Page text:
His yellow and tender eyes hung above the table like paper lanterns on a Chinese street. He started singing, barely audibly, and toppled onto the ground as Lyubka punched him with her fist.
“A nice literate fellow, that one!” Lyubka said to Mr. Trottyburn. “That Malaysians making me lose my last drop of milk, while that Jew up there wont stop badgering me for it!”
And she pointed at Zudechkis, who was standing by the window, washing his socks. A small lamp was smoking in Zudechkiss room, his tub frothed and hissed, he leaned out the window sensing that they were talking about him, and in despair started yelling down to them.
“Save me, you people!” he yelled, waving his hands.
“Shut your ugly trap!” Lyubka yelled back, and burst out laughing. “Shut up!”
She threw a stone at the old man, but didn’t manage to hit him. She then grabbed an empty wine bottle. But Mr. Trottyburn, the chief engineer, took the bottle away from her, aimed, and flung it through the open window.
“Miss Lyubka,” the chief engineer said, rising, pulling his drunken legs toward himself. “Many worthy individuals have come to me, Miss Lyubka, to trade, but I trade with no one, not with Mr. Kuninson nor with Mr. Bats, nor with Mr. Kupchik, no one but you, because I find your conversation so agreeable, Miss Lyubka.”
And, gaining a foothold on his wobbly legs, he grabbed his sailors by their shoulders—the one an Englishman, the other a Malay—and began dancing with them through the cooling courtyard. The men from the Plutarch danced in deeply pensive silence. An orange star had slid right down to the edge of the horizon and was staring them in the face. Then they took their money, grabbed each other by the hand, and went out into the street, swaying the way hanging lamps sway on a ship. From the street they could see the sea, the black waters of Odessa Bay, little toy flags on sunken masts, and piercing lights that had ignited in the spacious depths. Lyubka walked her dancing guests to the intersection. She stayed back alone in the empty street, laughed to herself, and went home. The sleepy young man in the calico shirt locked the gates behind her, Yevzel brought his mistress the proceeds of the day, and she went upstairs to sleep. There Pesya-Mindl, the procuress, was already slumbering, and Zudechkis was rocking the oak cradle with his bare feet.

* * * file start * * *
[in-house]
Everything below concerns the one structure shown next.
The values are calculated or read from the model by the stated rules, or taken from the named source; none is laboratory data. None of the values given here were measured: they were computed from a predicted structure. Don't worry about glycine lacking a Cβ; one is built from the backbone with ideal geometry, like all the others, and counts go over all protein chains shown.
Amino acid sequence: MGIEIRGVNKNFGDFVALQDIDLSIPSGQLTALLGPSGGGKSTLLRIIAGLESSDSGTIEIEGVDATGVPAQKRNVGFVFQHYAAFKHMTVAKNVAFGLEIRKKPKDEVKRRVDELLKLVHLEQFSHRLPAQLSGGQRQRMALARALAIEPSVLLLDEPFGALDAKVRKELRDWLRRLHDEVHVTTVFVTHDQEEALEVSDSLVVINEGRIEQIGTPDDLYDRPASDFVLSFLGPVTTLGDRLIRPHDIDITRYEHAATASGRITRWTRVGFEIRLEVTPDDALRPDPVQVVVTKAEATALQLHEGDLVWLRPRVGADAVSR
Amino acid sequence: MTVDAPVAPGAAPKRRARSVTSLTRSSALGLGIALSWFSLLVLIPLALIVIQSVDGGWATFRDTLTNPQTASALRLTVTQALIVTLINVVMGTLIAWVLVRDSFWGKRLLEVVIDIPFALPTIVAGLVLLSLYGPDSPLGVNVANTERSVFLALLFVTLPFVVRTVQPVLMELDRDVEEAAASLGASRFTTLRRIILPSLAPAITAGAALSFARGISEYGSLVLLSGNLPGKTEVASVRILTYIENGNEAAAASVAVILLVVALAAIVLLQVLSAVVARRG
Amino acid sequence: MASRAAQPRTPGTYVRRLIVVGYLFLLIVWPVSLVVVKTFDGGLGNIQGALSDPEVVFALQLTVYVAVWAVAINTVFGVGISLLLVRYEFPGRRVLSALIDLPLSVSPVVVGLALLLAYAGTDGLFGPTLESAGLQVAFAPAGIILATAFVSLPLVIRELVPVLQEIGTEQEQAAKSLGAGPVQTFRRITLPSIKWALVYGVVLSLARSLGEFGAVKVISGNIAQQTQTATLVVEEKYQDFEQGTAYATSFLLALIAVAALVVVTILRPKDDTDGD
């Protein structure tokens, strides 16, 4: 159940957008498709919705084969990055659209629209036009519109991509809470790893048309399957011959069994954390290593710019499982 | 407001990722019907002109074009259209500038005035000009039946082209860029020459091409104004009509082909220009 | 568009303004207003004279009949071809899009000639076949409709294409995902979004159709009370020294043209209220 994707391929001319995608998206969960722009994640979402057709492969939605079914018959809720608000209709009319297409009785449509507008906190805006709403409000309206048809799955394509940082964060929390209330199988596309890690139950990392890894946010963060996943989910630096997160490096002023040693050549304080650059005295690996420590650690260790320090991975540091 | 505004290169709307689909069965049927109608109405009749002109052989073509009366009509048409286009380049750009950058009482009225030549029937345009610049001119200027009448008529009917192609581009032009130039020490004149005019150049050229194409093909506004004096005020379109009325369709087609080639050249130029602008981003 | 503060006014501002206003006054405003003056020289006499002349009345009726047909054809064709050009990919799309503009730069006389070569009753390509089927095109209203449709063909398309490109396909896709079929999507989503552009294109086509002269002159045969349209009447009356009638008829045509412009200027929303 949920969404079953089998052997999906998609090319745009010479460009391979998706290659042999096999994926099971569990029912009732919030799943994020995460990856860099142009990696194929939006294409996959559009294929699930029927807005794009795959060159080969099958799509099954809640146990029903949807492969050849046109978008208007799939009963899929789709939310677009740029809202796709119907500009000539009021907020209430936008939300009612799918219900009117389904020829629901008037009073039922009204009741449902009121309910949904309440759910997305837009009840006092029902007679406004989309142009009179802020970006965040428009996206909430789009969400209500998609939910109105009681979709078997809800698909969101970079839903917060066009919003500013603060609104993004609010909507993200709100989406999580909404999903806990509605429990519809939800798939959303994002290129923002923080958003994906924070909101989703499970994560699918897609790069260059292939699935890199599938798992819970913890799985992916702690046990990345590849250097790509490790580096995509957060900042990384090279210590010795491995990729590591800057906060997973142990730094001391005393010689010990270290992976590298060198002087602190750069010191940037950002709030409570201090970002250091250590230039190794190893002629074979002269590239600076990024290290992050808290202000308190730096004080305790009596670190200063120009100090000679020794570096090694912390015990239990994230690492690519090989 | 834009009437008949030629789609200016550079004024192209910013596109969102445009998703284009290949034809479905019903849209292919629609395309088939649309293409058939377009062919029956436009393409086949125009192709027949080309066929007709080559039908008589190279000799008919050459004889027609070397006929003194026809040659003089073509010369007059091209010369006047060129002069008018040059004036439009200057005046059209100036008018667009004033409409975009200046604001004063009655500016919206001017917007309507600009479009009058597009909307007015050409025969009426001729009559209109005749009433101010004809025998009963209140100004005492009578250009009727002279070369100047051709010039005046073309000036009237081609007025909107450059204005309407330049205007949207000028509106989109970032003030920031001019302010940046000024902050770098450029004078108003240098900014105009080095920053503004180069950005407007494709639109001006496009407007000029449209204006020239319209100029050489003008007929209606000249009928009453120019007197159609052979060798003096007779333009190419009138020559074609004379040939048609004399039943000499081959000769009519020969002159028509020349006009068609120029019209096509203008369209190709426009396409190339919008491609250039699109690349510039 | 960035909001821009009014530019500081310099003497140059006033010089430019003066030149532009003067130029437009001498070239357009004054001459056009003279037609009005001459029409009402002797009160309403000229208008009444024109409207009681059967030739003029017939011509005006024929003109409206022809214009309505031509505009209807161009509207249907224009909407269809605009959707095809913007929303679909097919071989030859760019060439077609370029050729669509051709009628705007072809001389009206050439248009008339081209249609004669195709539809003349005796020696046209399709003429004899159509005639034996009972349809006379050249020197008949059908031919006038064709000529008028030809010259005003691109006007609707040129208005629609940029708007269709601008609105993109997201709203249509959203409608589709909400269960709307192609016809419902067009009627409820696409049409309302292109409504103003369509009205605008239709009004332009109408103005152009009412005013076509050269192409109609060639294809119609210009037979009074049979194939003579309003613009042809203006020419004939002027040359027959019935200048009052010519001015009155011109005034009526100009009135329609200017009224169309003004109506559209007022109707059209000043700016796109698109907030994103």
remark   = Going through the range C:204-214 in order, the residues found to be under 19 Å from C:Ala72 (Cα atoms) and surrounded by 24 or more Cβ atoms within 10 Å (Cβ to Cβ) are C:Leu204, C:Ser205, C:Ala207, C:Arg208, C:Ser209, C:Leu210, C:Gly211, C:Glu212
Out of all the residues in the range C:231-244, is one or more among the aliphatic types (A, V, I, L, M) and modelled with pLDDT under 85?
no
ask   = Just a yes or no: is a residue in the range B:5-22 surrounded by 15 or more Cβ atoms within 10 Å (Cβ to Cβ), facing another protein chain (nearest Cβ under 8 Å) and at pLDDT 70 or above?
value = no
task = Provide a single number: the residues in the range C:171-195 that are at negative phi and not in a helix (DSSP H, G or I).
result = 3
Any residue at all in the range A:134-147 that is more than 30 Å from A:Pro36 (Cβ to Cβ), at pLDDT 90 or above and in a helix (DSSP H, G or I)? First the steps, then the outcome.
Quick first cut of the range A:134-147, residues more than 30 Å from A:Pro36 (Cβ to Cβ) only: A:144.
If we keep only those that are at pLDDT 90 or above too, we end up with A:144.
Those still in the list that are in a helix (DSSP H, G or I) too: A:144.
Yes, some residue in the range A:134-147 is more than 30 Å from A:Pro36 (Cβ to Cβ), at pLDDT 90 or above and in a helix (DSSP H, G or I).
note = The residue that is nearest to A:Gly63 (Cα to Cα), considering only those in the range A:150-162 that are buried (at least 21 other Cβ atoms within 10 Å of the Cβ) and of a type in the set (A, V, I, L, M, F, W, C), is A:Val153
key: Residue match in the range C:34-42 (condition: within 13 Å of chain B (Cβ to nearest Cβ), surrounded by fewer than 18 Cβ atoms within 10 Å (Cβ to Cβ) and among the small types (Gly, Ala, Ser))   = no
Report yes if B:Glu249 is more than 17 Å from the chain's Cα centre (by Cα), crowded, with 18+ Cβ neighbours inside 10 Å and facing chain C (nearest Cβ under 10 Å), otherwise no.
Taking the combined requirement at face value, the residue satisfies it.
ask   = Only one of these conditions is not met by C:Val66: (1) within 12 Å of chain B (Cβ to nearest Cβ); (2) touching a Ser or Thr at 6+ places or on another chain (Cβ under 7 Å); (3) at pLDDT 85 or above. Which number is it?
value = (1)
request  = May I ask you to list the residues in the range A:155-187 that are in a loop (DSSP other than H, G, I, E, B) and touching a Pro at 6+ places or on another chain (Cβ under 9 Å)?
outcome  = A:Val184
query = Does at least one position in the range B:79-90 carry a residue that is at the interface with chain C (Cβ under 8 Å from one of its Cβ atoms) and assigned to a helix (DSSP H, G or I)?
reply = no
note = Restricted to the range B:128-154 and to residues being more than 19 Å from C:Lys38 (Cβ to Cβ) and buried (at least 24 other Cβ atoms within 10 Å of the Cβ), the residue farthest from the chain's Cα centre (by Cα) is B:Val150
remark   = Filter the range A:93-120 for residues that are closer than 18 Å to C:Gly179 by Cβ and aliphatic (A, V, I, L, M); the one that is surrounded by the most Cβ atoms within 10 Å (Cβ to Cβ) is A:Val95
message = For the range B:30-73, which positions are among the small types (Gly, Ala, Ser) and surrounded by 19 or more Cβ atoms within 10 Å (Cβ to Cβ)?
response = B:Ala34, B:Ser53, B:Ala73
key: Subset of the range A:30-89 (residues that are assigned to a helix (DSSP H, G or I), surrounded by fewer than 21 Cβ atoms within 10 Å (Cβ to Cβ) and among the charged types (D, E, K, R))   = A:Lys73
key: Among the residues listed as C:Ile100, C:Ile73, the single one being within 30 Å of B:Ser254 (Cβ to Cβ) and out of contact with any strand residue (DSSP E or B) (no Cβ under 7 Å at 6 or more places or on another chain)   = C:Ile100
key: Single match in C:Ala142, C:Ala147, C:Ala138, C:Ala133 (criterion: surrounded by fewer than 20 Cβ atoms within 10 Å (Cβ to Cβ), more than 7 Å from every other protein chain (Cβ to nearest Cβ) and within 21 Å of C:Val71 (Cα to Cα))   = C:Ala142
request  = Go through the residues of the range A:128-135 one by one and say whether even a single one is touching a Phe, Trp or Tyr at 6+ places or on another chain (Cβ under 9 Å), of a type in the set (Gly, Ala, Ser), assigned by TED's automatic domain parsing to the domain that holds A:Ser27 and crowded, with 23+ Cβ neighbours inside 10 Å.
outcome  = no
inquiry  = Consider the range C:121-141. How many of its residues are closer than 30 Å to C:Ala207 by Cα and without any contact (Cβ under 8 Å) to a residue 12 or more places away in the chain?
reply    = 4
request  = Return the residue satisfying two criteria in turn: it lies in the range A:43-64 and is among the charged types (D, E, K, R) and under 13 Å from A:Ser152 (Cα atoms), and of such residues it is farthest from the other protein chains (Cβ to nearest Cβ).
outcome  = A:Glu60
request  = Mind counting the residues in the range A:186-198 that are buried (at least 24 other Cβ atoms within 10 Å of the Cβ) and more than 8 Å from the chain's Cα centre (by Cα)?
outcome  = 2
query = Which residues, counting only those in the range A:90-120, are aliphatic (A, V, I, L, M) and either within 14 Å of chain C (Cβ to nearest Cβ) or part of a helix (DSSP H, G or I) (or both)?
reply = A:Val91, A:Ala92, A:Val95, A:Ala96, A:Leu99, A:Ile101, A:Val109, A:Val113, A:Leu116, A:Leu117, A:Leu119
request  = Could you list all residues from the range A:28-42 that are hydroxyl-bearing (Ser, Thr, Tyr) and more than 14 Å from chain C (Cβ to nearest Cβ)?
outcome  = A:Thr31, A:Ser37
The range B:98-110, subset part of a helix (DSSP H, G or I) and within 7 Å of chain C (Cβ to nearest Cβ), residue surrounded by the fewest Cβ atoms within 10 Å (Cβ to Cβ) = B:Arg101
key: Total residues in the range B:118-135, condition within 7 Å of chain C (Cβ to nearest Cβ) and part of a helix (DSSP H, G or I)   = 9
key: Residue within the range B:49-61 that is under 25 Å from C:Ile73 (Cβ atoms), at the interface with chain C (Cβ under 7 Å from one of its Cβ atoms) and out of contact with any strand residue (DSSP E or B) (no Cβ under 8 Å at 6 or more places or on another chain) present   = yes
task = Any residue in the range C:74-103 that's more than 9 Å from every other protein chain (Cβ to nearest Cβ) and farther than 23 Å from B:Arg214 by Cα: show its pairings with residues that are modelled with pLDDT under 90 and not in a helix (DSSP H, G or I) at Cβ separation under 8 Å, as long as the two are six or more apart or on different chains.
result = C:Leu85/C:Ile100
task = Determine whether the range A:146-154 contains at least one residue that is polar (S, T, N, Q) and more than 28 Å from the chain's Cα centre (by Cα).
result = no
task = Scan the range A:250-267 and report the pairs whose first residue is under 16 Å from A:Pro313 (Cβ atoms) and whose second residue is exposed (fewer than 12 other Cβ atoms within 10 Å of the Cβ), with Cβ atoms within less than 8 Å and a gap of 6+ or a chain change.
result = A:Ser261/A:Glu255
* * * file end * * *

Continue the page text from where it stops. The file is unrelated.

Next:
“How youVe tortured us, you shameless woman!” he said, and took the child out of the cradle. “But here, watch me and you might learn a thing or two, you foul mother, you!”
He laid a thin comb on Lyubkas breast and put her son into her bed. The child stretched toward his mother, pricked himself on the comb, and started to cry. Then the old man pushed the bottle toward him, but Davidka turned away from the bottle.
“Is this some spell you’re putting on me, you old swindler?” Lyubka muttered, dozing off.
“Shut up, you foul mother, you!” Zudechkis said to her. “Shut up and learn, may the devil take you!”
The baby pricked himself on the comb again, hesitantly took the bottle, and began sucking.
“There!” Zudechkis said, and burst out laughing. “I have weaned your child! I can teach you a thing or two, may the devil take you!” Davidka lay in his cradle, sucking on his bottle and dribbling blissfully. Lyubka woke up, opened her eyes, and closed them again. She saw her son, and the moon forcing its way through her window. The moon jumping into black clouds, like a straying calf.
“Well, fair enough,” Lyubka said. “Unlock the door for Zudechkis, Pesya-Mindl, and let him come tomorrow for a pound of American tobacco.”
And the following day Zudechkis came for a pound of uncut tobacco from the state of Virginia. He was given it, and a quarter pound of tea was thrown in. And within a week, when I came to buy a dove from Yevzel, I ran into the new manager of Lyubkas courtyard. He was tiny, like our Rabbi Ben Zkharia. Zudechkis was the new manager. He stayed at his post for fifteen years, and during that period I heard a great number of stories about him. And if I can manage, I will tell them one after another, because they are very interesting stories.
Translated by Peter Constantine